The Joy of Black Hair

Black women, of course, have long been familiar with the appropriation of their symbols, style, aesthetic and language. But even so, even now, the weave remains theirs: It’s become synonymous with aspirational Black beauty, name-checked in, say, Afroman’s 2004 “Whack Rappers” (“What a girl want, what a girl need / A … job and a brand-new hair weave”) or in Beyoncé’s 2006 “Get Me Bodied,” in which she encourages listeners to pat their weaves — which helps with the occasional scalp itch. Weaves are often, erroneously, defined as straight hair extensions that simply add length, but they’re more complex and diverse than that. They can be used to create fullness or texture. They can be installed all over the head or added as a single track to create bangs or asymmetrical styles. Obviously, like all hair extensions, a weave is an enhancement, but its correct application can make it appear natural, even self-grown. It’s not just style — it’s sorcery.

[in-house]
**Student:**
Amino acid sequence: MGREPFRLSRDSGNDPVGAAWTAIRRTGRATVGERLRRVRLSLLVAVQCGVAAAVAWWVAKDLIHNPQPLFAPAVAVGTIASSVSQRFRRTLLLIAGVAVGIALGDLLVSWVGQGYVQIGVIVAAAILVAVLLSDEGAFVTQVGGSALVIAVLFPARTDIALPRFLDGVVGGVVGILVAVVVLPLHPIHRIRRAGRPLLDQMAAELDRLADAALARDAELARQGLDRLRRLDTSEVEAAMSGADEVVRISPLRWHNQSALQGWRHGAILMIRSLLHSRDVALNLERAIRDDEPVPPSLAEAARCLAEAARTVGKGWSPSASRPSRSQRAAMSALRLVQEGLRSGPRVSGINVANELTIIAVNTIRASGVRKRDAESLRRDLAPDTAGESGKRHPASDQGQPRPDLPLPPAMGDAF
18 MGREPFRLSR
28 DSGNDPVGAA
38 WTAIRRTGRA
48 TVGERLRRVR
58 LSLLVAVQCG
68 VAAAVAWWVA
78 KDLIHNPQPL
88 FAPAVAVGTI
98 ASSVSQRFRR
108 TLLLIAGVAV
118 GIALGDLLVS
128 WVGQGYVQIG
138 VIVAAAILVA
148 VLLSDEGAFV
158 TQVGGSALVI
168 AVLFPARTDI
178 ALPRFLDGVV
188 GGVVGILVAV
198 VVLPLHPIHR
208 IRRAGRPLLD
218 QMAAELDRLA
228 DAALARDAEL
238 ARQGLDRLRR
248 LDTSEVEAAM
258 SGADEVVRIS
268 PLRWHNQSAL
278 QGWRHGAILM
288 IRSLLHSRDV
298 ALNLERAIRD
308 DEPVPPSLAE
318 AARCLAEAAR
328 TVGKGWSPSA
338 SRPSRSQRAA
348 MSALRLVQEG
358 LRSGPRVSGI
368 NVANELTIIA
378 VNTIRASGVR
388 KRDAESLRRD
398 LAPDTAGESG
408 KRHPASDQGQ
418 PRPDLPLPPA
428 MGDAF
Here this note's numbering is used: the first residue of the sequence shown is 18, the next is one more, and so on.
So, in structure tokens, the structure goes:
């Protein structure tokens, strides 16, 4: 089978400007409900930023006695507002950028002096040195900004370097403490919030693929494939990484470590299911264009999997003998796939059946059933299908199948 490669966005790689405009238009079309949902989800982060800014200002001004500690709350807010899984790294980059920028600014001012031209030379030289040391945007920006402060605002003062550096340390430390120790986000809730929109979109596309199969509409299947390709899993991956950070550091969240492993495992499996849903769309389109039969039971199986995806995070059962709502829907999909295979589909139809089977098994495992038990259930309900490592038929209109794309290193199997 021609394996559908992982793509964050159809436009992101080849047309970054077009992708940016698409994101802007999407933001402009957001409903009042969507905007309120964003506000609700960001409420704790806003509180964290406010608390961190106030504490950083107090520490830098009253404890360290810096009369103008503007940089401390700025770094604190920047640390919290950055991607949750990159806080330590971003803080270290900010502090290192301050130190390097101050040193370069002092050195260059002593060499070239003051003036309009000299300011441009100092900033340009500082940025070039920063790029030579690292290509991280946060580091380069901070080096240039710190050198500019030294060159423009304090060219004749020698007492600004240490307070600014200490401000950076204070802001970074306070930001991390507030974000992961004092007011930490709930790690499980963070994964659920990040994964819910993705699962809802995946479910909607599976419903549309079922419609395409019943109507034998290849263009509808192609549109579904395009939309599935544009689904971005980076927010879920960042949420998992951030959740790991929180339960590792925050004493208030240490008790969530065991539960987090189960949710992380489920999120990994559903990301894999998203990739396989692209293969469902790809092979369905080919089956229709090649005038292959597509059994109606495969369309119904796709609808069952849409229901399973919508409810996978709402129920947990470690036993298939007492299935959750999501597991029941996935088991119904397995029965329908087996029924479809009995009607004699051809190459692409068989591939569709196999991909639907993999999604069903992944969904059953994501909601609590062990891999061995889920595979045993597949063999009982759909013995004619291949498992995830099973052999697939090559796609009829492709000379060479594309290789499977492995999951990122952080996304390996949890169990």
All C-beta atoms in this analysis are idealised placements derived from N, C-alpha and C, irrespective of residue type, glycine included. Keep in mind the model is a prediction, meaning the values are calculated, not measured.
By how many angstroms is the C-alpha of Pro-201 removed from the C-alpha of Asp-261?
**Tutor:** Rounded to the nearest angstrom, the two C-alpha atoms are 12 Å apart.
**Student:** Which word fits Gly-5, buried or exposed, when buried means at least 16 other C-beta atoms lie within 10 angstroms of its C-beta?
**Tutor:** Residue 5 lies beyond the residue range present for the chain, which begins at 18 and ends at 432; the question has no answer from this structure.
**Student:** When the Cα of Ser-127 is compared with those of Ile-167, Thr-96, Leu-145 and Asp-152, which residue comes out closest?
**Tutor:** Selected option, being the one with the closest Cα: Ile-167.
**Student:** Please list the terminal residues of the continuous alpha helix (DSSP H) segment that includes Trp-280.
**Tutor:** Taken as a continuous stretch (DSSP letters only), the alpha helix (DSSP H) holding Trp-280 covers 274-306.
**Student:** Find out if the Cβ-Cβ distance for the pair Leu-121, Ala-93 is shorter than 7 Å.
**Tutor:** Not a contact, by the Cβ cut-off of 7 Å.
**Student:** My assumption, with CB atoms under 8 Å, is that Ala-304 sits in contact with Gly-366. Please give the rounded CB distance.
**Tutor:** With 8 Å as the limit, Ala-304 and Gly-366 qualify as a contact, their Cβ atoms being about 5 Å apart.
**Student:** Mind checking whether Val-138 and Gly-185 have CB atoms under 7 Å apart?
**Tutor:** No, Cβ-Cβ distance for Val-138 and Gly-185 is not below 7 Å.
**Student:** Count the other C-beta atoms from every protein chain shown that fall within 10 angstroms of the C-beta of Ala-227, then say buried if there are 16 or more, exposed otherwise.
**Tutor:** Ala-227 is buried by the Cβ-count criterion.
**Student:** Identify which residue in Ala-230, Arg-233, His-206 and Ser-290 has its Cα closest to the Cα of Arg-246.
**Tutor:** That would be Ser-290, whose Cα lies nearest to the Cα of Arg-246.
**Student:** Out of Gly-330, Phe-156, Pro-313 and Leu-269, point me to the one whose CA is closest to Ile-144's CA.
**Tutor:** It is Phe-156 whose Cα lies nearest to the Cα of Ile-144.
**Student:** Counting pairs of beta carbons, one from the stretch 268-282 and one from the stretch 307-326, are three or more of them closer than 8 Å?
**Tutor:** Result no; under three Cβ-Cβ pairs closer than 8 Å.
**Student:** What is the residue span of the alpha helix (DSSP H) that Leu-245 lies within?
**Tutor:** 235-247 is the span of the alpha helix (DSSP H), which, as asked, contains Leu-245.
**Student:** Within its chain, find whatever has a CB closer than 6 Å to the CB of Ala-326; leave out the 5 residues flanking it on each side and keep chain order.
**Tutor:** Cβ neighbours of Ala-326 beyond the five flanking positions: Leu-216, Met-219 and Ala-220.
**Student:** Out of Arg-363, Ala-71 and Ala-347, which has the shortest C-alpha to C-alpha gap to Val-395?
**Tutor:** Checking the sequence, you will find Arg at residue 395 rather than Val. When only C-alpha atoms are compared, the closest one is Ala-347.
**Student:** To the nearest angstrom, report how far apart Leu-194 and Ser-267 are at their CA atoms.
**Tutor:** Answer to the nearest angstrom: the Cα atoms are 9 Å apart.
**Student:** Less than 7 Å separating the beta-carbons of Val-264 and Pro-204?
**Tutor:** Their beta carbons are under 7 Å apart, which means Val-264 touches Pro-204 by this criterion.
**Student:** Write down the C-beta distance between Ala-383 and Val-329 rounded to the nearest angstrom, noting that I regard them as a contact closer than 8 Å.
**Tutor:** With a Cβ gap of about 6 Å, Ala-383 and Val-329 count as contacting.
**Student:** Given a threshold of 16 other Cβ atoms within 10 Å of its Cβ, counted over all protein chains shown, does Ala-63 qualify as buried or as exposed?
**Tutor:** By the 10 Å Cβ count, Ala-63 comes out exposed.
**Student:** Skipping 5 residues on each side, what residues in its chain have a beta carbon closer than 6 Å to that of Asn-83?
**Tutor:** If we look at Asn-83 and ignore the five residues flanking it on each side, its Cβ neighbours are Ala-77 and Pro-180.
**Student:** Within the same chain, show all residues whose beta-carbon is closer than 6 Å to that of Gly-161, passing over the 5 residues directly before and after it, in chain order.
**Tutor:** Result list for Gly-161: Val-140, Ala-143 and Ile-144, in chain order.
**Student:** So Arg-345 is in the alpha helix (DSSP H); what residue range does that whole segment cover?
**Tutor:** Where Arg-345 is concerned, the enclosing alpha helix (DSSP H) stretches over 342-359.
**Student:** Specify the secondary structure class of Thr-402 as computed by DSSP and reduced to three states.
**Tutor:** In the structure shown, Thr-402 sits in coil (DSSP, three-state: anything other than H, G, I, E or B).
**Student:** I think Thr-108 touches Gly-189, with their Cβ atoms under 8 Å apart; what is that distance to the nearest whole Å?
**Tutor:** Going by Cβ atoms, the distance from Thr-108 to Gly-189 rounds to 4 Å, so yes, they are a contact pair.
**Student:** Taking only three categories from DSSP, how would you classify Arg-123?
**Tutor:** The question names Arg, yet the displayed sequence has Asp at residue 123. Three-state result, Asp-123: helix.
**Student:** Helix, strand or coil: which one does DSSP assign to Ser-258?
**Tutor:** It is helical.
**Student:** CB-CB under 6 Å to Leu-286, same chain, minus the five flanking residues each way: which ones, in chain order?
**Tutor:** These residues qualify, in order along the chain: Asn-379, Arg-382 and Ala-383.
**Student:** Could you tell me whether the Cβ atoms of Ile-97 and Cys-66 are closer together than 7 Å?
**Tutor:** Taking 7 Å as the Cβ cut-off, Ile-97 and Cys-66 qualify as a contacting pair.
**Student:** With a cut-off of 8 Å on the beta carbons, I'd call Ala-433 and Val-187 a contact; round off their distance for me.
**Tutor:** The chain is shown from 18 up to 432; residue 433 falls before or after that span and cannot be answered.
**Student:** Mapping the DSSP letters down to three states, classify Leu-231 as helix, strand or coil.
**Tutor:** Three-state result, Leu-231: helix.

By Sandra E. Garcia, The New York Times

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